In Time Is An Ocean But It Ends At The Shore, Pacifico continues his exploration into queer melancholy, desire and loss. Playing with representations of masculinity, he fragments, reveals and conceals the pages of vintage gay erotica. Expanding on his previous work, Pacifico creates intricate, formal presentations of large scale photographs exploring the multiple lives of a printed image. Nature features heavily in the work, acting as a silent witness to the bodies that once occupied magazine centerfolds.

Growing up Silano’s parents owned and operated an adult novelty store. Despite being in a business that sold desire and sexuality, his family rarely spoke of his uncle, a gay man who passed away from complications of HIV. This erasure, his unique upbringing and a fascination with mass imagery is the catalyst for his practice.

Pacifico’s work encourages quiet meditations on our evolving relationship to history. The magazine archives he pinpoints were published between the Stonewall riots of 1969 and the peak of the AIDS crisis in the 1980s. By engaging the viewer in the act of looking not unlike the publications’ original consumer, looking takes on a new meaning as we are invited to shift our point of view. It becomes a reparative act where desire and loss is inextricable.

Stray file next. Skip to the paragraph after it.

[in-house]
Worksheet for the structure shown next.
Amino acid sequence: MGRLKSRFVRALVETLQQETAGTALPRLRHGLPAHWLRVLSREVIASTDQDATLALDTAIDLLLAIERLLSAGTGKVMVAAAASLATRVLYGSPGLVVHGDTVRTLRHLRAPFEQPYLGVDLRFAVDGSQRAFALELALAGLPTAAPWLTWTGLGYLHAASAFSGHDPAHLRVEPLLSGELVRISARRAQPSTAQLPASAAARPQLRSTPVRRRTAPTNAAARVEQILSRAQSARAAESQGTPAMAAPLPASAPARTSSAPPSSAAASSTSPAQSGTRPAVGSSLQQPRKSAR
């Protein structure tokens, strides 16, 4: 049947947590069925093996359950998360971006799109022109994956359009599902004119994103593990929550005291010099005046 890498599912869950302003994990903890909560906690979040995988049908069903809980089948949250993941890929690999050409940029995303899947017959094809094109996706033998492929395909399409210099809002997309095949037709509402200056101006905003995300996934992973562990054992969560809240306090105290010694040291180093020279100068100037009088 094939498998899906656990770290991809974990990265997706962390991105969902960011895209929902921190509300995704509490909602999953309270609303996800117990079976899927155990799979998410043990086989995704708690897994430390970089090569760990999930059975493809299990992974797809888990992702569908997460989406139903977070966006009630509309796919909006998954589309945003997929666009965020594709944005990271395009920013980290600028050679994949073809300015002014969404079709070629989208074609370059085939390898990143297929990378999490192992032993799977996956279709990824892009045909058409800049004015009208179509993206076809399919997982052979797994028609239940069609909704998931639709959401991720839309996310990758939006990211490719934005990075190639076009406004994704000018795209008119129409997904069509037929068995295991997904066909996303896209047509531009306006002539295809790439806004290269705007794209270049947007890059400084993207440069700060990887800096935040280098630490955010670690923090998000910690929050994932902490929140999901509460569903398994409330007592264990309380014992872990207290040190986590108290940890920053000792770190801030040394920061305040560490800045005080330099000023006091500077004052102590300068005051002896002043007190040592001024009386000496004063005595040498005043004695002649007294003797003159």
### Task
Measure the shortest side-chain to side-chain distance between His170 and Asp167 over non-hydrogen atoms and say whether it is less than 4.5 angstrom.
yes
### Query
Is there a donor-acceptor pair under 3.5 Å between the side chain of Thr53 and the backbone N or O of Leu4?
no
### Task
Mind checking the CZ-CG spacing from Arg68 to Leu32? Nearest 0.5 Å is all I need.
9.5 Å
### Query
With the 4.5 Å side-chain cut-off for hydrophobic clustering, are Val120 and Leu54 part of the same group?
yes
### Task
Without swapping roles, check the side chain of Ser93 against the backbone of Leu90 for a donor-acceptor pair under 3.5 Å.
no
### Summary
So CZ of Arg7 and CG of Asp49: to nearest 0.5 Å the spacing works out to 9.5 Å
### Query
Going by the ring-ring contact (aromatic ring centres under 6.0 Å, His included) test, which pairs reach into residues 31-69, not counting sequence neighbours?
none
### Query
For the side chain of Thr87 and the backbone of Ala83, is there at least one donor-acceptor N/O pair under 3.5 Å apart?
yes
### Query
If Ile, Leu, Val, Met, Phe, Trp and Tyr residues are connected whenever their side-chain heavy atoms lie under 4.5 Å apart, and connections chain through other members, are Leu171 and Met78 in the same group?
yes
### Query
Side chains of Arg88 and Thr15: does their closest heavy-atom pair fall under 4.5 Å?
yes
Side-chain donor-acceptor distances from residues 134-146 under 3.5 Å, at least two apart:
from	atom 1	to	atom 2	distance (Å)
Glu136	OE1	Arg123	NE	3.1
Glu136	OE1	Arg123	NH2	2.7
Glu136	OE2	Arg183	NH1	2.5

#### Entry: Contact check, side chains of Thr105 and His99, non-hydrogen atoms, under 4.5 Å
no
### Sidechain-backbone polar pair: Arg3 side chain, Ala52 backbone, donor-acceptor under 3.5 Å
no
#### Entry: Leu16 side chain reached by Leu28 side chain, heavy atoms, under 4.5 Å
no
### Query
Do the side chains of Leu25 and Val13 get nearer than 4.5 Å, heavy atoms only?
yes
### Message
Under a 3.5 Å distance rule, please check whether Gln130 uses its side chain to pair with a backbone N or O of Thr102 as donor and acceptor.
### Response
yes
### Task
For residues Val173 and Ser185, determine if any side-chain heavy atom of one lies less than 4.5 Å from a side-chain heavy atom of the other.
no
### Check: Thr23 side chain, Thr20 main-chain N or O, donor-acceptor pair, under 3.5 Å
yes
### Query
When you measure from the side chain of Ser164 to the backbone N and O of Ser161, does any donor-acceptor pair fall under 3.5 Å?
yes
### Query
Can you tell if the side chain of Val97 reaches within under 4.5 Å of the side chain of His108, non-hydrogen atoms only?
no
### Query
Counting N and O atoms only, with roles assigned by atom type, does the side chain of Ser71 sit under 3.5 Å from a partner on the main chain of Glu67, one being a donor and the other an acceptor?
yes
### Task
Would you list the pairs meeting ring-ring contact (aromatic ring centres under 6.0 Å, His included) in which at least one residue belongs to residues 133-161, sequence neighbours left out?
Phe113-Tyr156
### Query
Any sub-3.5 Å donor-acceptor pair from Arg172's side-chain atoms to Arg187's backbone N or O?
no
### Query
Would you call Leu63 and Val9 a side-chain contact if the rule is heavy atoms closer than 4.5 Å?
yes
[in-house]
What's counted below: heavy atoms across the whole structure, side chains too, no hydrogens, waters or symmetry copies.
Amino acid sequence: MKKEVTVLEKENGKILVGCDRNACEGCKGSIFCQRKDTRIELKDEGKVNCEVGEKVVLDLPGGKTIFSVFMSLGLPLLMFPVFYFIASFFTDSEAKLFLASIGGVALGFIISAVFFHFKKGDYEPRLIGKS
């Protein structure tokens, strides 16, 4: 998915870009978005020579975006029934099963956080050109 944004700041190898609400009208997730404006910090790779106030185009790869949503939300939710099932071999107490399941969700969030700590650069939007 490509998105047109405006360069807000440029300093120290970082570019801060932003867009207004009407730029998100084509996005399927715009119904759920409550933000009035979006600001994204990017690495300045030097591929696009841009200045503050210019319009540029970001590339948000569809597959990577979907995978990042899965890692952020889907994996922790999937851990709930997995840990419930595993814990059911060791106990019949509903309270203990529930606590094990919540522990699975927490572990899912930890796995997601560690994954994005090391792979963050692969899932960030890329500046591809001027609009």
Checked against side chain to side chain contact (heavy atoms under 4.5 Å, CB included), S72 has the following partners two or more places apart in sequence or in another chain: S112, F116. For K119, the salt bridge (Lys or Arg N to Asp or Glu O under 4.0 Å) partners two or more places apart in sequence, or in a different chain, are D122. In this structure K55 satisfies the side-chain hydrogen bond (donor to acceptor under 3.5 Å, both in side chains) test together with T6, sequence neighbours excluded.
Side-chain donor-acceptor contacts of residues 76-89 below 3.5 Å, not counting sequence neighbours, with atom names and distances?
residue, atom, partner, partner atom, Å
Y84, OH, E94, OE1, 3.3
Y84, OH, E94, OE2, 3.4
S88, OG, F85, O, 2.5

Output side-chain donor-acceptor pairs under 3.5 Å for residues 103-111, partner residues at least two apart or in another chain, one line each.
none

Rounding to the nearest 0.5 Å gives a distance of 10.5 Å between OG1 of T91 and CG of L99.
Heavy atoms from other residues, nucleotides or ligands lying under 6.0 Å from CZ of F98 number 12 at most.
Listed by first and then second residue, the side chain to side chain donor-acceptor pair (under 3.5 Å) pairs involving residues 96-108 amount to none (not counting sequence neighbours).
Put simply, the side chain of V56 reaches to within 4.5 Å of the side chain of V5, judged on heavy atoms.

In an age where physical magazines are increasingly out of favor and archives left to deteriorate, Pacifico highlights the cultural loss of these items. Formal elements such as the magazine’s spine or the folds of a corner seduce the viewer while interrupting the continuity of discrete images. An errant staple or the shadow of a figure become engrossing when rendered at forty-by-fifty inches, as the viewer is lulled into a meditative study of materiality, color and textures.

The absence of explicitness in Pacifico’s work also subverts the source material. The elusiveness of this imagery heightens the desire for a narrative, inducing a longing for details which can never be found. The periphery is often amplified in the work; an ocean collides with the negative space of the page, a swimming pool frames the corner of a shot or an expanse of rocks surround the body. Sometimes the gaze emerges from the subtle in-between space of the magazine arrangements, often it is thwarted as we are left as voyeurs in the flat planes of the media.

Tangible effects were left by the AIDS crisis which are still present today. The formal control Pacifico wields is a way in anchoring this past to the contemporaneous moment, inviting us to ponder the life of a photograph.